Weighted blankets are the latest thing in DIY insomnia cures. These blankets are heavier than normal, commonly ranging from 7 to 20 pounds in weight. They cost between $100 and $300 and come in standard king, queen and twin sizes.
But do they work?
Given how recently they have become available, there has been little research regarding weighted blankets. However, a few studies have been done.
One study, published in the Journal of Sleep Medicine and Disorders, found that four out of five patients suffering from chronic insomnia were able to fall asleep more easily, sleep longer and wake up less frequently during the night when using a weighted blanket.
Another study done on children with ADHD found that sleeping with a weighted blanket helped decrease both the amount of time it took to fall asleep and the number of times the children woke during the night.
In a study done involving autistic children with severe insomnia, weighted blankets were also found to improve sleep.
Most people who sleep with a weighted blanket prefer one that is about a tenth of their body weight. However, weighted blankets are not necessarily safe for everyone. Patients with the following conditions should avoid them:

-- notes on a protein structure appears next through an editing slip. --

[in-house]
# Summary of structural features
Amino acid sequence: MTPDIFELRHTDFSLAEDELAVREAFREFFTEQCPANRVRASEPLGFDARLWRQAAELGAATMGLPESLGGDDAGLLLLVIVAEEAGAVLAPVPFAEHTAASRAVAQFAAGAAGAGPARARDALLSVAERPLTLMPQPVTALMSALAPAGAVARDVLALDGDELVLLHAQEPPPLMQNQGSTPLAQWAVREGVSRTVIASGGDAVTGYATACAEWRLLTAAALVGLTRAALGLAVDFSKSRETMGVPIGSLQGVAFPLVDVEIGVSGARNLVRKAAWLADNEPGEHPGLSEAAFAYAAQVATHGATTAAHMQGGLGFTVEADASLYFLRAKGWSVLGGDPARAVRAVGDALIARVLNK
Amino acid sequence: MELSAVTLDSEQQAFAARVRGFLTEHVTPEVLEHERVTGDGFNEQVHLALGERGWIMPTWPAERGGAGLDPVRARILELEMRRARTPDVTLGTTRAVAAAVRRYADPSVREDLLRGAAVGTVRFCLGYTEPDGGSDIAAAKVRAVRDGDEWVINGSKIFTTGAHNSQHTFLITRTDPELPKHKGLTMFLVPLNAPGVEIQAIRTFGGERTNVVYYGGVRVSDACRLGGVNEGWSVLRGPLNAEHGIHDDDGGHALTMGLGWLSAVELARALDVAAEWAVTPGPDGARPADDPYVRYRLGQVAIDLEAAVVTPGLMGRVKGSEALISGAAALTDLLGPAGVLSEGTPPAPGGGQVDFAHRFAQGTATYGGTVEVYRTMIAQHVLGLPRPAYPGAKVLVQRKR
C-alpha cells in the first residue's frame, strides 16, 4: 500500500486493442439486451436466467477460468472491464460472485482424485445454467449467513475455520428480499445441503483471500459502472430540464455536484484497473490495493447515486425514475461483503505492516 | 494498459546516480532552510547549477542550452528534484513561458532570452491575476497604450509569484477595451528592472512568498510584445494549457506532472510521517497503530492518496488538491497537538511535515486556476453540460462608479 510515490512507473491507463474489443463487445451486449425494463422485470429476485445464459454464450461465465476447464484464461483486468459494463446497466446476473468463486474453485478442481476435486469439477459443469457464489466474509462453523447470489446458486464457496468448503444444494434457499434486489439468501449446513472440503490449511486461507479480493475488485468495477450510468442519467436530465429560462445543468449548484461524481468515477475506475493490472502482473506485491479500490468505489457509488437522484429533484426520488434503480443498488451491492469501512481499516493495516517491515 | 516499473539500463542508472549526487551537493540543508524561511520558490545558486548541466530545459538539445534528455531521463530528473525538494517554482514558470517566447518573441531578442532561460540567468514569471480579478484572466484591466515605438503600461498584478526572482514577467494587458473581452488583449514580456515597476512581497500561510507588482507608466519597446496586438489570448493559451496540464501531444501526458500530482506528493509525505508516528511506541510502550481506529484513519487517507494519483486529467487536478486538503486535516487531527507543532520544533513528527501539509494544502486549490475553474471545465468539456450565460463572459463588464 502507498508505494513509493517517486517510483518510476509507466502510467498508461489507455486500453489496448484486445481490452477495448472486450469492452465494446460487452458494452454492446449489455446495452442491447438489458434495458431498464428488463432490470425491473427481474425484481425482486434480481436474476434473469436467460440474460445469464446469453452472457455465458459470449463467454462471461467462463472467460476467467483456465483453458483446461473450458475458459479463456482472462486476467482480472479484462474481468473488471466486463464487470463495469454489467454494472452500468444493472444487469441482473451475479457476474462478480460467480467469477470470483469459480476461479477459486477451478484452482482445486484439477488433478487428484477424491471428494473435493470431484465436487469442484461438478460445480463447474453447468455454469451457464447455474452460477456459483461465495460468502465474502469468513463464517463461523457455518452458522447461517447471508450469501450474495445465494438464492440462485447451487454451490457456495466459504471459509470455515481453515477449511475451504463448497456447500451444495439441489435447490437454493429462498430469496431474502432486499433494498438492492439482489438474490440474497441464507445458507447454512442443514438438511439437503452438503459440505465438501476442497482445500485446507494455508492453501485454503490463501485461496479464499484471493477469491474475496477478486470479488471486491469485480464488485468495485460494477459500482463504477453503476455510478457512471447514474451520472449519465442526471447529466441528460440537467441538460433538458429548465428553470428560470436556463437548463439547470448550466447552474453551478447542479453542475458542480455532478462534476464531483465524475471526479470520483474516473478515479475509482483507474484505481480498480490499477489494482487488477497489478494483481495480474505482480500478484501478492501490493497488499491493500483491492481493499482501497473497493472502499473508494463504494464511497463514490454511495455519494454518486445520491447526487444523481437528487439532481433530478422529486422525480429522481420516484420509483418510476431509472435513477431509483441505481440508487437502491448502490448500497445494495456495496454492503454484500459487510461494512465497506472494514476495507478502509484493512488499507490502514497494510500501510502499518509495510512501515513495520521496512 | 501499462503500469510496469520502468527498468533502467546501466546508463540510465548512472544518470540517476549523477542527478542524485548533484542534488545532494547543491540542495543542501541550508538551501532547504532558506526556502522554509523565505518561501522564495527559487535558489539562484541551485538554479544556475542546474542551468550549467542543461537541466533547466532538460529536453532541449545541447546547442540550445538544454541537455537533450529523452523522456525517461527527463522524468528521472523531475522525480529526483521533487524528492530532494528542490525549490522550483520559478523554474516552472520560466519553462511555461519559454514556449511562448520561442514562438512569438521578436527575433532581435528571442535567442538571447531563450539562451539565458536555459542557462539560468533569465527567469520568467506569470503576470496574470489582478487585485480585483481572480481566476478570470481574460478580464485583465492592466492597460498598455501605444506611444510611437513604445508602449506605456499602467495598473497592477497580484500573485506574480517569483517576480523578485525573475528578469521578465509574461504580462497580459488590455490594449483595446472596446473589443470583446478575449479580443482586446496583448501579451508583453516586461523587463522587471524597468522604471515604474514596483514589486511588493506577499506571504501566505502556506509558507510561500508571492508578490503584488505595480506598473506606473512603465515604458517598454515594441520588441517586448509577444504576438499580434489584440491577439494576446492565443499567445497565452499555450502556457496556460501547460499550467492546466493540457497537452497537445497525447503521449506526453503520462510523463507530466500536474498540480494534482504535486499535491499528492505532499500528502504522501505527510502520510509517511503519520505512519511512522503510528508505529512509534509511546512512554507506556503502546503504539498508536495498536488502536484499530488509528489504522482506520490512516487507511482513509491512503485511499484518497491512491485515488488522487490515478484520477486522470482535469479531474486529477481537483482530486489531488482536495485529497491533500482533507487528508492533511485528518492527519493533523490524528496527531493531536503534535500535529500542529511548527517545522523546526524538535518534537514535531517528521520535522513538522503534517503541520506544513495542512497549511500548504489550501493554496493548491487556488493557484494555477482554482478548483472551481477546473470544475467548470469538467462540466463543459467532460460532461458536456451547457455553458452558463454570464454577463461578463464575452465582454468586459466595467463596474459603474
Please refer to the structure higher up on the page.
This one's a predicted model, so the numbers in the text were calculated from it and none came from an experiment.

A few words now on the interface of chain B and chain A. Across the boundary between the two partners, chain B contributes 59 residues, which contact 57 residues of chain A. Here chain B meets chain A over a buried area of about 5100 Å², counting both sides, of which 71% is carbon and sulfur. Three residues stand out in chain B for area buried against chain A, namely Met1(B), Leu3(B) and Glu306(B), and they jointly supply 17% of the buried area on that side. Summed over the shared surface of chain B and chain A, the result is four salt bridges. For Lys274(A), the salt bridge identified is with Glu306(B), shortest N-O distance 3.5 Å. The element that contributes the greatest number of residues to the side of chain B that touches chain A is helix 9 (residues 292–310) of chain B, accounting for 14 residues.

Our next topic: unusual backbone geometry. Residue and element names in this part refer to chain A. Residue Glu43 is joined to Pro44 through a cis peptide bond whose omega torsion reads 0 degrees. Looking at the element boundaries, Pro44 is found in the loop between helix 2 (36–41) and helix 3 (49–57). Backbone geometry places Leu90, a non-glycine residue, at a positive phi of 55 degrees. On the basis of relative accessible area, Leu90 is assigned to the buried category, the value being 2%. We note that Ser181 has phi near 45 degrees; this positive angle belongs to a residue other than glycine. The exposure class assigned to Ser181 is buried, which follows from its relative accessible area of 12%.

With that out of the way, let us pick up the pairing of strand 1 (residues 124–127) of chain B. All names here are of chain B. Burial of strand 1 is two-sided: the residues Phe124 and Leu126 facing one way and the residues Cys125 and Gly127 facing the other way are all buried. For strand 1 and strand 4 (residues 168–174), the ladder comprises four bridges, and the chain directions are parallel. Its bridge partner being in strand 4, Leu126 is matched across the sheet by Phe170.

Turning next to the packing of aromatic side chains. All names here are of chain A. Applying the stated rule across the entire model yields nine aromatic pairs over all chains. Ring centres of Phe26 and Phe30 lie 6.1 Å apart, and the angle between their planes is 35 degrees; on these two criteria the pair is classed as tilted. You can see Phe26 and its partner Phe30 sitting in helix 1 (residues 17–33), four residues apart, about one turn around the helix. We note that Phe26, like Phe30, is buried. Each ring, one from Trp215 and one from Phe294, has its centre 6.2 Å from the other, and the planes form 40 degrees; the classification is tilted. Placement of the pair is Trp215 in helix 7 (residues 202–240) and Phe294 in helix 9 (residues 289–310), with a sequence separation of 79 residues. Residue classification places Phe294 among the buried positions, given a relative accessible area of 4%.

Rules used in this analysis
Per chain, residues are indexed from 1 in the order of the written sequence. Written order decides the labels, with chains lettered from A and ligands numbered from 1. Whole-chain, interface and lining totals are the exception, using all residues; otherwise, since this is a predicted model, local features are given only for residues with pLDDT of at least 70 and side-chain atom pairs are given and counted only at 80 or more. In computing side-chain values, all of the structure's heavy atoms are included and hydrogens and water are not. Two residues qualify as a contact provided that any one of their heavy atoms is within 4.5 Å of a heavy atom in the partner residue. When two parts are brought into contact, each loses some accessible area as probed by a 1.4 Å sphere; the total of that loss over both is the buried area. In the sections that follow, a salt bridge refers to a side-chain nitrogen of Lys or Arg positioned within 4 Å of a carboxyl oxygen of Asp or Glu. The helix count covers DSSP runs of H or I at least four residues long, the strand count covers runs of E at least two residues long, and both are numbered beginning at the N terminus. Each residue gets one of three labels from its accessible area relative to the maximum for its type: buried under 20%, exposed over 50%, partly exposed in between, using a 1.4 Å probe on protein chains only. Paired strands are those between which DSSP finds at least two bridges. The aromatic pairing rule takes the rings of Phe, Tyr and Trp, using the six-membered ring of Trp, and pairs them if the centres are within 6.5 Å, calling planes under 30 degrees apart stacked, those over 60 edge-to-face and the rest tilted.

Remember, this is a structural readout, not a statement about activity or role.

- Those who are too weak to lift and remove the blanket.
- Those who have obstructive sleep apnea
- Type II diabetics
- Those with breathing problems
- People with claustrophobia
Anyone with a chronic or serious health condition should consult with their healthcare provider before sleeping with a weighted blanket.
While there are weighted blankets specifically made for children, they should never be used on babies, toddlers or very small children.
The exact mechanism of how a weighted blanket improves insomnia is not known. One theory is that it brings back the memory of being in the womb, which activates the parasympathetic nervous system and helps patients feel safe and secure.